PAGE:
Isolated from the cacophonous background, Jörn’s apology broadcast into Blake’s ear.

    Over the intercom, Blake impatiently asked, “What’s that about the Core?”

    “Higher functions are scrambled,” Jörn replied. “Not to get too technical about it: cognition’s a mess.” He tapped the nearest monitor. “You wouldn’t believe what I’m seeing.” Wide, his eyes swallowed the impossible. “Residual charges are looping through Ruby’s hardware faster than she can quarantine. Her synapses are frying solid. Whole banks have melted.” Dipping his head, he dashed to another screen. “We could try degaussing her, but we’d lose the shields if we did. And Life support. Secondaries are trashed. No backup. Before we could reboot, we’d burn to a crisp. Ruby wouldn’t wake up soon enough to even wipe her eyes.” He furrowed his brow. Synchronized to the ship’s vibrations, his speech warbled. “Addled as she is, Ruby’s got the wheel, Blake. She’s all that stands between us and one honest-to-god, fiery Hell.”

    Numbly, Jörn watched as thousands of lines of damning data rolled across his screens. Afraid to miss anything, he brushed aside a lock of dripping blonde.

    Blake snarled through the speaker, “Then get off your ass and fix her!”

    As if he would beat the ship into submission, Blake slammed his fists against his console.

    “I ain’t dying here,” he angrily asserted. Steadying himself, he sucked in a hissing breath. For a half-a-heartbeat, he kept still. He would kill for a cigarette. Just a drag. Too bad his bunk now floated in space—along with the rest of his belongings. He had hidden a pack beneath his mattress. Just in case.

    “Look, kid,” Blake growled. “Start a patch. We can get out of this. Don’t need much. Just enough to give us a nudge.” Drier than wool, he licked his lips. “We got to get her nose up. The sooner the better. Can’t be much more than ten or so before we shake apart.”

    Jörn nodded. Nervously, he glanced to one of the digital displays. “Not even that.” He hesitated. “It’ll be too hot for us to breathe in about eight. Pretty close to that, you, me, and every thread of fabric and anything else not made of metal are going to combust like a box of fireworks. We’ll be dead minutes before we disintegrate.”

    Tangible, the threat of immolation breathed close upon their skin. Already, the boards were nearly too hot to touch. Those drops of sweat which now fell upon the panels quickly evaporated. Soon, those that followed would sizzle before they vanished into swirling puffs of steam.

    Fire. Jörn feared its angry touch. His complexion would curl and peel. Wave after wave of excruciating agony would course over his every inch as he was devoured all the way to his atoms. Toward the exclusion of all else, his senses would be shredded.

    Jörn shuddered. Suffocation would be a mercy worthy of prayer.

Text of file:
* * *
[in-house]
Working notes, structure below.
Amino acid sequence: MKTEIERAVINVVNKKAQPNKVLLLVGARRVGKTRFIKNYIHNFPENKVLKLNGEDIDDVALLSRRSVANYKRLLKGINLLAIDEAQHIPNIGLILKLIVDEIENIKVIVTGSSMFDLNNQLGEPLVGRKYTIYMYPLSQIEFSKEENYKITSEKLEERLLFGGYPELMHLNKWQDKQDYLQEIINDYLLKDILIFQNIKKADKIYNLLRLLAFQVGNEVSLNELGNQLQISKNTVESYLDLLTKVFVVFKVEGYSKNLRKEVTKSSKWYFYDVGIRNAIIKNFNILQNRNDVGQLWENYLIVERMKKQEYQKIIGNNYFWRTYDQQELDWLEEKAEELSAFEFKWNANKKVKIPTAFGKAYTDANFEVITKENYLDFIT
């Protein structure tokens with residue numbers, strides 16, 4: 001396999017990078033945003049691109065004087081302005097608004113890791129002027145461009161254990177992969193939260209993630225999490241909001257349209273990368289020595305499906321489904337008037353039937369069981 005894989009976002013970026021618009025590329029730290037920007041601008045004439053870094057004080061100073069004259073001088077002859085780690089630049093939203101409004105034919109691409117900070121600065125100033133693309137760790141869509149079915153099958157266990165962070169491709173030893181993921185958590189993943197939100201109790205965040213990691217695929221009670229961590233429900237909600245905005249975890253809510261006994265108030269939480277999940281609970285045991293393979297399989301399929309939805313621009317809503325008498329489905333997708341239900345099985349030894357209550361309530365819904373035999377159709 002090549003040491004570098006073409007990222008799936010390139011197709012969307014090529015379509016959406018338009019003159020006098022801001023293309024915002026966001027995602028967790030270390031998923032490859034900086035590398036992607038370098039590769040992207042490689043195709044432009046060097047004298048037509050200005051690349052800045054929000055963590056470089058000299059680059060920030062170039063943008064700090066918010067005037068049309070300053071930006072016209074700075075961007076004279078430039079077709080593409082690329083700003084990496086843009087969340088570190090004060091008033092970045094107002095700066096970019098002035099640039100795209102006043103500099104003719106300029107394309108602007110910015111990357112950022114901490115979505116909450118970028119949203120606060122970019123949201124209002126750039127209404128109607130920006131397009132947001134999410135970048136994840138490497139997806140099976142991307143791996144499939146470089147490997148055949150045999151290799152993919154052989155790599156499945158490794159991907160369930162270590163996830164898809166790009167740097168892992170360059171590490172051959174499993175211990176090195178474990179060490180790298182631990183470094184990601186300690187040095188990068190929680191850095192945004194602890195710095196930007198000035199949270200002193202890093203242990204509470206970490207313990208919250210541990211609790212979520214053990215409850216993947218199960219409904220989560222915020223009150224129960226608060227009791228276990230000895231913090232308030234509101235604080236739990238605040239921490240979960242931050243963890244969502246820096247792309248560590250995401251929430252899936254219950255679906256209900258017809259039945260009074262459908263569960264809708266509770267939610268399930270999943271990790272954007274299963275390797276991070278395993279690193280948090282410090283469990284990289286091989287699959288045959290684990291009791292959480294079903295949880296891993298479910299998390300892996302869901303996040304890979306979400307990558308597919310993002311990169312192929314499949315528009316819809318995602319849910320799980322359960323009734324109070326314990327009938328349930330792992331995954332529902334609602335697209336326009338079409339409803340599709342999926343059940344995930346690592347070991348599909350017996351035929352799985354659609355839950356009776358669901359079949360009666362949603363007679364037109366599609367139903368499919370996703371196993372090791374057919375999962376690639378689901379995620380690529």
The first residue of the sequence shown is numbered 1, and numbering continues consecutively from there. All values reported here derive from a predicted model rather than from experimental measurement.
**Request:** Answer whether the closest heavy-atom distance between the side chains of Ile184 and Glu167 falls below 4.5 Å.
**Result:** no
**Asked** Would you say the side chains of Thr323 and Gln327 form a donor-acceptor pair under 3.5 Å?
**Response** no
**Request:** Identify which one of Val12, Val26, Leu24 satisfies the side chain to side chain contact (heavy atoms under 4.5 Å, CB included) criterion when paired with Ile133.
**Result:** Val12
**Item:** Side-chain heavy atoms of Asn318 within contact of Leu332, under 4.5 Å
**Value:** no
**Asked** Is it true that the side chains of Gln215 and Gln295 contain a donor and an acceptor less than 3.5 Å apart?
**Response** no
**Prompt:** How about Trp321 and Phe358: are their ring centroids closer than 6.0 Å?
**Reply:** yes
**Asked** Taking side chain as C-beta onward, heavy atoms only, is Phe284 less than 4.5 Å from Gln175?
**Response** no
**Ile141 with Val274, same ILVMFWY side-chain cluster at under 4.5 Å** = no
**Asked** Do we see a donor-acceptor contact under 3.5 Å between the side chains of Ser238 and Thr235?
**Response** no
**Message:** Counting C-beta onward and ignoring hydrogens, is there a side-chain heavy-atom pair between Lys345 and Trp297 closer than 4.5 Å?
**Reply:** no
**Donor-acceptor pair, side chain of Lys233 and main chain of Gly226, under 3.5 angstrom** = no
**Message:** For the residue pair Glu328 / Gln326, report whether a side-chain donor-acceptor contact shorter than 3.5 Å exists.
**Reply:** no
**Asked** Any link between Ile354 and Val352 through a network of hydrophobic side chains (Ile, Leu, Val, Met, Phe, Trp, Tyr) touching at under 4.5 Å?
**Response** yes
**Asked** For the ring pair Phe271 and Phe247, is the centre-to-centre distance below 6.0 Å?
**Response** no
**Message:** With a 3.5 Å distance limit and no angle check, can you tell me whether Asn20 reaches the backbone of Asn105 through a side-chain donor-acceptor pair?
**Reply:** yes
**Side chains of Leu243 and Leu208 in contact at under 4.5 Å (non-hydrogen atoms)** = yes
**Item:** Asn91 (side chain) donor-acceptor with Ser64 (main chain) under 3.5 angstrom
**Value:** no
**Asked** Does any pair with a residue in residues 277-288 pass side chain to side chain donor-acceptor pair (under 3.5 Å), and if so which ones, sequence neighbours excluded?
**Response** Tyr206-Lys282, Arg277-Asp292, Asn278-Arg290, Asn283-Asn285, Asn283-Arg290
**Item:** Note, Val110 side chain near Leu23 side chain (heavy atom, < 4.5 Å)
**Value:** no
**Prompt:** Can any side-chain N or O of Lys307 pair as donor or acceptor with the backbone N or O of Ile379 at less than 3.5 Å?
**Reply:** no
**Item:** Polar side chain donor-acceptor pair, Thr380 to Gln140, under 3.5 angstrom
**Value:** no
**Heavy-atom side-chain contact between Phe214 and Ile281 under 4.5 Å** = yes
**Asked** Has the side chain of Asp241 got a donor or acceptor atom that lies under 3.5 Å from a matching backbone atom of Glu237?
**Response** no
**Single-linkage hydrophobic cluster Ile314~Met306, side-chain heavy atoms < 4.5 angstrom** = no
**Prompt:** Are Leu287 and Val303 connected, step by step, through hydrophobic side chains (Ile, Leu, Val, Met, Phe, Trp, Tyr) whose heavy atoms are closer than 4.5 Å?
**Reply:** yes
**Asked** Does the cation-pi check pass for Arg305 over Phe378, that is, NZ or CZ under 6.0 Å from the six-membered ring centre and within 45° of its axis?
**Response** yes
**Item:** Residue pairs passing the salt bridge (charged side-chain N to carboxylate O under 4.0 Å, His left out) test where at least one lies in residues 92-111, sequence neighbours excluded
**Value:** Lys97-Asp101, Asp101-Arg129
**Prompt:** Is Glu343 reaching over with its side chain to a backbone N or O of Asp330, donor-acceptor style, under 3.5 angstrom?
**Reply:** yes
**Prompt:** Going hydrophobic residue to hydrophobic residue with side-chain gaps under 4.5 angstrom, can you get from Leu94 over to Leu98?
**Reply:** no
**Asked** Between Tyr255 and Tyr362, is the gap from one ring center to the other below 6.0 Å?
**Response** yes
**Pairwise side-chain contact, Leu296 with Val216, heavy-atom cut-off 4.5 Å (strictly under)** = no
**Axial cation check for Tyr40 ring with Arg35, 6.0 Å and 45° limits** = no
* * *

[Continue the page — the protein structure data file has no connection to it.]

Blake snorted. “Don’t put a shine on it,” he joshed. “Give it to me straight; I can take it.” Eye twitching, he looked to his altimeter. A red light flashed beside the gauge. The glow swamped one of the photos taped to the console. The little girl in the picture crinkled an innocent smile. Her pug nose and square jaw mirrored Blake’s. Cheerfully, her little hand waved. Next to her, a beefy woman with a pretty, round face also sat upon the green grass, a picnic basket at her side. From out the frame of memory, she too smiled.

    Below his breath, Blake pled, “Come on, Ruby. Off the mat now. Daddy made a promise.” Over the controls, his thick hands moved. His fingertips slid atop a touchpad. Desperation escalating, he jabbed buttons so fast that the board chirped a string of protests.

    Likewise, Jörn typed a blur. “God, I wish I’d paid more attention,” he muttered. The image before him flickered. He slammed the side of his screen. “Not now!” he growled. The image rolled. “Seriously?” Stinging his palm, he treated the panel to another whack. Weaving lines skipped and slowed. Reluctantly, the display bobbed into place and then held.

    “Damn straight,” Jörn mumbled.

    “Manual’s a no joy,” Blake suddenly declared between his teeth. “We fly auto or we don’t fly at all.” Pitter-patter, sweat dripped off his bangs. A deluge ran down his cheeks. Over the breadth of his back, his jumpsuit adhered. Every contour of muscle and bone was tightly sculpted in the damp.

    “Dead stick,” Blake explained. “The engine feeds are cut. I can’t get a single frigging response. Probably because the whole, goddamn B-conduit’s a chunk of slag about a million miles off our tail. Or what’s left of our tail. Once we get this rig moving, I’ll bet we can track the rest by its glow.” He scratched the stubble on his chin and shook his head. “Whatever that blast was, it was molten hot.” Heavily, he inhaled.